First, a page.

Death Valley

We took a big road trip across America a couple of years back, from Los Angeles to New York. Money and time meant we didn’t drive all the way but we still covered a good distance before hopping on planes. I had only driven in Tennessee by then and I didn’t really know what to expect scenery wise, but there was one place I was anticipating: Death Valley.We drove from Lone Pine, CA in the morning and already I could see how much I was going to love it. We don’t have deserts in France or the U.K. and I think they have become one of my favourite things about America. We chose to drive on the 190 through the Valley as we were heading to Las Vegas and I wanted to see Rhyolite, a ghost town just outside.

I wasn’t disappointed. In the peak of August, it wasn’t too crowded and we could really enjoy the landscape. I loved driving up and down the winding roads listening to Ennio Morricone. It was so completely different to anything I’ve ever experienced.

My favourite part was getting out of the car in Badwater Basin and standing on the salt flats. I’ve never seen a landscape so perfectly flat anywhere else. It was hot. But almost not as hot as I wanted it to be. Of course you can’t stay out too long and I would probably fry and turn red in about ten minutes but I wanted it to be unbearably hot. That being said, be careful, bring more than enough water, wear sunscreen and don’t stay out too long! There was a sign recommending people to turn their AC off for a few miles to make sure cars don’t over heat. It gets pretty hot.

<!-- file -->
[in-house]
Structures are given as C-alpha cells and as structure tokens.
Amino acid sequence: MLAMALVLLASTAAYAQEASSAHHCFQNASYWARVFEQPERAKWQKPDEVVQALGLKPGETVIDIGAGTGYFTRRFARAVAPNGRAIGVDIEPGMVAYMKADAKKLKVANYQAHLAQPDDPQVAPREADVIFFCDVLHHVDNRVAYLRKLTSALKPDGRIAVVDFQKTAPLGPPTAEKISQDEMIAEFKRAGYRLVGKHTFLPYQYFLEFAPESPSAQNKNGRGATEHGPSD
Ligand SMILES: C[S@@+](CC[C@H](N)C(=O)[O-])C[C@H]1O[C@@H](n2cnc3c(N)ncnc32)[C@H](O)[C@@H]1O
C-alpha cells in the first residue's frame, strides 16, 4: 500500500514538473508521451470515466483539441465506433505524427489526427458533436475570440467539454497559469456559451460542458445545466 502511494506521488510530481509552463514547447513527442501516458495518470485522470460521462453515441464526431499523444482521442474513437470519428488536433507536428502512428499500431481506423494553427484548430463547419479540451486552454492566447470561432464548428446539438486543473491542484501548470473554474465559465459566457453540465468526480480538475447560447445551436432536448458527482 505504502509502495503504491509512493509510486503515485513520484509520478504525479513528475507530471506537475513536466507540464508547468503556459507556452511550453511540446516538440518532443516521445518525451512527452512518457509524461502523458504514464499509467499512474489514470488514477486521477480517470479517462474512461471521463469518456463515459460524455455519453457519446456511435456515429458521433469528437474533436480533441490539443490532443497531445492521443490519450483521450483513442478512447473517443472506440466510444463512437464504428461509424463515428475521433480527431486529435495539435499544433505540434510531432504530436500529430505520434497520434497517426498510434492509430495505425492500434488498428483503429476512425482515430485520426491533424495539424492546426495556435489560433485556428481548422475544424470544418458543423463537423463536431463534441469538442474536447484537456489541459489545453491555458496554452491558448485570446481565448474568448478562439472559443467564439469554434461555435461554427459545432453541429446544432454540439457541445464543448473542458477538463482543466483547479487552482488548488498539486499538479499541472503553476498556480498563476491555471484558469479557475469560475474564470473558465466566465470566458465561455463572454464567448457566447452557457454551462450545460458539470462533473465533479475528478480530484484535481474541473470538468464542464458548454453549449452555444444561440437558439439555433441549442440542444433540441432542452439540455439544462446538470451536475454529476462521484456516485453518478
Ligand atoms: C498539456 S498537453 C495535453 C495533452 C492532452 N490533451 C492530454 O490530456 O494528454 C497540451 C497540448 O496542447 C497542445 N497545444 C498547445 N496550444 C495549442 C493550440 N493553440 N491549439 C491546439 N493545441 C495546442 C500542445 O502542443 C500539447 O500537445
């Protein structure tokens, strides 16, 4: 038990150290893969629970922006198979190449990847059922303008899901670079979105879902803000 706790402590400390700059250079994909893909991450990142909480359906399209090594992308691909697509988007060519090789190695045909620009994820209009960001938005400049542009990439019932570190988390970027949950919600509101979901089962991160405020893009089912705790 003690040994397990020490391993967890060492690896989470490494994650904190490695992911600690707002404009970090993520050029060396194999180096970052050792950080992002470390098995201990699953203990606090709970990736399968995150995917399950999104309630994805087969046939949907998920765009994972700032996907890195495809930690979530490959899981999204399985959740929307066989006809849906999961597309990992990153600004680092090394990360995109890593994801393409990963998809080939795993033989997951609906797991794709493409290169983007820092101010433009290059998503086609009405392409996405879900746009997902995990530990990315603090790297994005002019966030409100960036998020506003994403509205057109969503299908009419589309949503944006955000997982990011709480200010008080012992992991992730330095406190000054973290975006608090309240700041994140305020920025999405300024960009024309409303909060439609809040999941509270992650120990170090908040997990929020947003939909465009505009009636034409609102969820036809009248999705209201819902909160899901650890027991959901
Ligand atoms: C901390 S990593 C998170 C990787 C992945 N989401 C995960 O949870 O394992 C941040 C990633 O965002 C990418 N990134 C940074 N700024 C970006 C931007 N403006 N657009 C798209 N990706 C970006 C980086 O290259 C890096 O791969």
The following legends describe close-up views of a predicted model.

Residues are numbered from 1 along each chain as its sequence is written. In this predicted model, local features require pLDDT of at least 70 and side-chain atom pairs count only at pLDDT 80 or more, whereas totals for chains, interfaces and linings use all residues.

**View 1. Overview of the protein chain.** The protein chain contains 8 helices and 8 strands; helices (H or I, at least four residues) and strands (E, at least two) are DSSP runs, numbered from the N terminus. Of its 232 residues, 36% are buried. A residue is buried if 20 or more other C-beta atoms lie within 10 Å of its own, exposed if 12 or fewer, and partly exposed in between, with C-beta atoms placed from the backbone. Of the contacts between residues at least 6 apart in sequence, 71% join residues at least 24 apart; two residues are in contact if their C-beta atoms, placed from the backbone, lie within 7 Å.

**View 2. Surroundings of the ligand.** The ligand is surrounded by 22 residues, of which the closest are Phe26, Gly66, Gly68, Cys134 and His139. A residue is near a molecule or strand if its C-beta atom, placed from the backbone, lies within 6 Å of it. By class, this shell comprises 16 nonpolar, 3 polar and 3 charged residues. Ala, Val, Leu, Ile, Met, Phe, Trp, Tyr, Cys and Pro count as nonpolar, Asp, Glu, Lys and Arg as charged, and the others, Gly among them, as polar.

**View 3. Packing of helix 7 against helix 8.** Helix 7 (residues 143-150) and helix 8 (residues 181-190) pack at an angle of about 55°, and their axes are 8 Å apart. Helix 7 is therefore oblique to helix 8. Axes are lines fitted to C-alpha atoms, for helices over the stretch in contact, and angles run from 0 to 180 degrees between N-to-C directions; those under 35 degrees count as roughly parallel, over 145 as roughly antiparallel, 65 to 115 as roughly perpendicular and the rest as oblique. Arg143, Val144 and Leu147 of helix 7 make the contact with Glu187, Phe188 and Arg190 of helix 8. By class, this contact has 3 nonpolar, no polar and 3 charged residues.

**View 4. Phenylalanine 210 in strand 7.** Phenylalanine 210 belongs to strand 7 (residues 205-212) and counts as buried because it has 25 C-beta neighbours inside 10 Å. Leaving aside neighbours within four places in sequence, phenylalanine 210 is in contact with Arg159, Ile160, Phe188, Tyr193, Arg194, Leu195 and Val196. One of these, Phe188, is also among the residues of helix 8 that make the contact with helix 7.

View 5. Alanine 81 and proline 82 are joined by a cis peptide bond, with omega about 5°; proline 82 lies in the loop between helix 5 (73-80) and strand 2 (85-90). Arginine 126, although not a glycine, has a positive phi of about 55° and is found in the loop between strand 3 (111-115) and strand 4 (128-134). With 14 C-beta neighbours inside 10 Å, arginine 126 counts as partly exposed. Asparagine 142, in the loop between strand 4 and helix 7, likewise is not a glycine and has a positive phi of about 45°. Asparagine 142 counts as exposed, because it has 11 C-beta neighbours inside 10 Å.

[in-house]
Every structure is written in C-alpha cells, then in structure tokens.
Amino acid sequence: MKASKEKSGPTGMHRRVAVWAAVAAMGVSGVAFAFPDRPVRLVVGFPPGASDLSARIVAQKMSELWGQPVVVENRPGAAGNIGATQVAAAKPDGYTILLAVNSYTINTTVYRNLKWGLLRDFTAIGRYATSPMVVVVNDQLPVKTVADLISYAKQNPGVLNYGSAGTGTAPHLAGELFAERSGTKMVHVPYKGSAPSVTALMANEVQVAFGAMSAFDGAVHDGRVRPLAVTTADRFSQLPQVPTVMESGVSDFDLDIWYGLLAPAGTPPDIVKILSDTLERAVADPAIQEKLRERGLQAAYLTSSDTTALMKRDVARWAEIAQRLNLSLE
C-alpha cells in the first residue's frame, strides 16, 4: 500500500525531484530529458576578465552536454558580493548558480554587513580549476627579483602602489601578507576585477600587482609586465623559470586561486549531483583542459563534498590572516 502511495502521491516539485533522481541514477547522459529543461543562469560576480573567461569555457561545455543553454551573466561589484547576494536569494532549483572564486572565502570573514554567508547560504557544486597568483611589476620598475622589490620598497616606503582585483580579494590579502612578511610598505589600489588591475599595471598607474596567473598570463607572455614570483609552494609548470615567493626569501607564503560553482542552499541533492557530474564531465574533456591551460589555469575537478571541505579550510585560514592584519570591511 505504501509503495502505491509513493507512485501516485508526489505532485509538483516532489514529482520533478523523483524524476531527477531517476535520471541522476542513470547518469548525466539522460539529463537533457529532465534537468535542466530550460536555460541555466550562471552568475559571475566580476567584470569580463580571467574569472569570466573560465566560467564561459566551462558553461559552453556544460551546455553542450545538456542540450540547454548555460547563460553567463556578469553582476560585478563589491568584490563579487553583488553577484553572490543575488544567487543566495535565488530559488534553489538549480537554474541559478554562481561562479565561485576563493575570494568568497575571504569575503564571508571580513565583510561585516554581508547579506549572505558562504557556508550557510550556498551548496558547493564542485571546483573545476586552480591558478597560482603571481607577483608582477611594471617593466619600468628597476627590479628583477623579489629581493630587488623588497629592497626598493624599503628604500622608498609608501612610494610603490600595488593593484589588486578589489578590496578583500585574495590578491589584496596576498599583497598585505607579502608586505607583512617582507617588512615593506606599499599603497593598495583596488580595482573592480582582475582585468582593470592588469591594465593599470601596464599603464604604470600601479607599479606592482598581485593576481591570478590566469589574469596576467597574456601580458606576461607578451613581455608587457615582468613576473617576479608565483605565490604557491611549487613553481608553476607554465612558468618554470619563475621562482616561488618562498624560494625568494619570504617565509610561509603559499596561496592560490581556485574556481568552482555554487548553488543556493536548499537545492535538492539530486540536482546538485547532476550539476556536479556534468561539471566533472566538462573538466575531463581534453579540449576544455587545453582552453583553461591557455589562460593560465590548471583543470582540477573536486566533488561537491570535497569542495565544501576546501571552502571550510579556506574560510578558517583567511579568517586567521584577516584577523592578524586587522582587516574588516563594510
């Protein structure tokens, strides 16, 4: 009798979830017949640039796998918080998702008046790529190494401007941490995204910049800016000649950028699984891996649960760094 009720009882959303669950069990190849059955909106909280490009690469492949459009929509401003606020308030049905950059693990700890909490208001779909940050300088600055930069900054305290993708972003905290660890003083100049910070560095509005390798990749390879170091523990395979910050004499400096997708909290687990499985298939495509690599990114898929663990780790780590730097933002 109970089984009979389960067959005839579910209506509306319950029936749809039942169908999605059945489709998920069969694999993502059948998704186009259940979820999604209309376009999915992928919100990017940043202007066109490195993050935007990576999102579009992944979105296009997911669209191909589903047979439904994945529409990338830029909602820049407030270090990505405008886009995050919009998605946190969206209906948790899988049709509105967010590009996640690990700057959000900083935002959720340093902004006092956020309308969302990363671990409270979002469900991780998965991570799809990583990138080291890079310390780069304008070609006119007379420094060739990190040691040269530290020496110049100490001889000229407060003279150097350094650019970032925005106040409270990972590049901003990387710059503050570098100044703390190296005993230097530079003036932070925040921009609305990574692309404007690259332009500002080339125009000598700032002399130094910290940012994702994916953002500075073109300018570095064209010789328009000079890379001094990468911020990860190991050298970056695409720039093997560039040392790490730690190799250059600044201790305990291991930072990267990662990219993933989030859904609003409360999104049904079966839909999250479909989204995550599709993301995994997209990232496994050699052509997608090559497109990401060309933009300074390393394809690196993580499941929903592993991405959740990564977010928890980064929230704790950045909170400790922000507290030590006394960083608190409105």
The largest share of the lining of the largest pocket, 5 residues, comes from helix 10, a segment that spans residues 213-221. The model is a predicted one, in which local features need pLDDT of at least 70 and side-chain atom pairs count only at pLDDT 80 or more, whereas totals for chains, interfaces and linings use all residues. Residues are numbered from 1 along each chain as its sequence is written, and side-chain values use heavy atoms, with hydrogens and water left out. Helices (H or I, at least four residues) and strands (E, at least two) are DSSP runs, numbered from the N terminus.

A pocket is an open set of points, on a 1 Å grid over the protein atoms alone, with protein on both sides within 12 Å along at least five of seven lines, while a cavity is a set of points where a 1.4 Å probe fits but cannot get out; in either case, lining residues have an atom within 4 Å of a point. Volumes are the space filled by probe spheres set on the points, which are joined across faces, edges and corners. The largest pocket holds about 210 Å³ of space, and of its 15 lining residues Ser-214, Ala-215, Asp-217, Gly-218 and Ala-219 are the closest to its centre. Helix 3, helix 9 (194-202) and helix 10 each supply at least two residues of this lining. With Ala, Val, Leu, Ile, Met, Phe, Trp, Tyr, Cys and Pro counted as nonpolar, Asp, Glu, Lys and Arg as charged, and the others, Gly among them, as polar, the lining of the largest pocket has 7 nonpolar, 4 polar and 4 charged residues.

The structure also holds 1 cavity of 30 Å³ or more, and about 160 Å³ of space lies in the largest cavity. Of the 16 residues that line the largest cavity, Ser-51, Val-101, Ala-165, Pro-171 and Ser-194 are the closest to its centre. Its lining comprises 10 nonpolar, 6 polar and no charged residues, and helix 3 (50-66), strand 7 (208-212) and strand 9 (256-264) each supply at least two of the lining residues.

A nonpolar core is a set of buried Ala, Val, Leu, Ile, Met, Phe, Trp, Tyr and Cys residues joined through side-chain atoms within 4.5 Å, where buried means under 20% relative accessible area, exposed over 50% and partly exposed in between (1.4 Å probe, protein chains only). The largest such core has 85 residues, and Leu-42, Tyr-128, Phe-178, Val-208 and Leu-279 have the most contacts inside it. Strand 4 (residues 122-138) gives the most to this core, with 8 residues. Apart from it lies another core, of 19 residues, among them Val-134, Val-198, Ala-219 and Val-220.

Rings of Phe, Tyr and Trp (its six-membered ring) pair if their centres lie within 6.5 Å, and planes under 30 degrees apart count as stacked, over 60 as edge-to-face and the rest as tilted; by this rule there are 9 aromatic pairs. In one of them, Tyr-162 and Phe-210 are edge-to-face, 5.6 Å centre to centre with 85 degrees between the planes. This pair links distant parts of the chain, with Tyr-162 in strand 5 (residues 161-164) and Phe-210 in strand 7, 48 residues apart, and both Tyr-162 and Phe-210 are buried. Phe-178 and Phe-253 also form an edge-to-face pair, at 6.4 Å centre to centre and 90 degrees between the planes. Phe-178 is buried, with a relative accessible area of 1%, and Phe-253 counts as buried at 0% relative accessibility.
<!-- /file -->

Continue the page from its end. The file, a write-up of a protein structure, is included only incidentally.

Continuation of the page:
You hear all these stories about people getting lost in Death Valley and all that… Honestly to get lost I feel like you need to want to. Meaning if you stick to the main road, it’s perfectly safe. There are a few road signs but I would recommend planning the journey ahead as GPS are not working great there so it’s good to know if you need to turn right or left at a crossroad.

As I mentioned I wanted to see Rhyolite, NV because I really wanted to see a ghost town. It was founded in 1905, in 1911 the mine closed down and by 1920 the town didn’t exist anymore. Now a few buildings remain, the school and the bank, but I wasn’t as impressed as I hoped to be. I think I had in mind something bigger, so I’m still on the lookout for a “good” ghost town.

So, is going to Death Valley worth it? Yes. As simple as that. I am going back soon.

Is Rhyolite worth it? If it is on your way, then definitely have a look, it’s interesting historically to see where people were ready to settle for gold. And it is just five minutes out of Death Valley. But if you were not planning on exiting on this side, then I wouldn’t say it’s worth a detour. Going back to Death Valley, I am looking into going through Furnace Creek.


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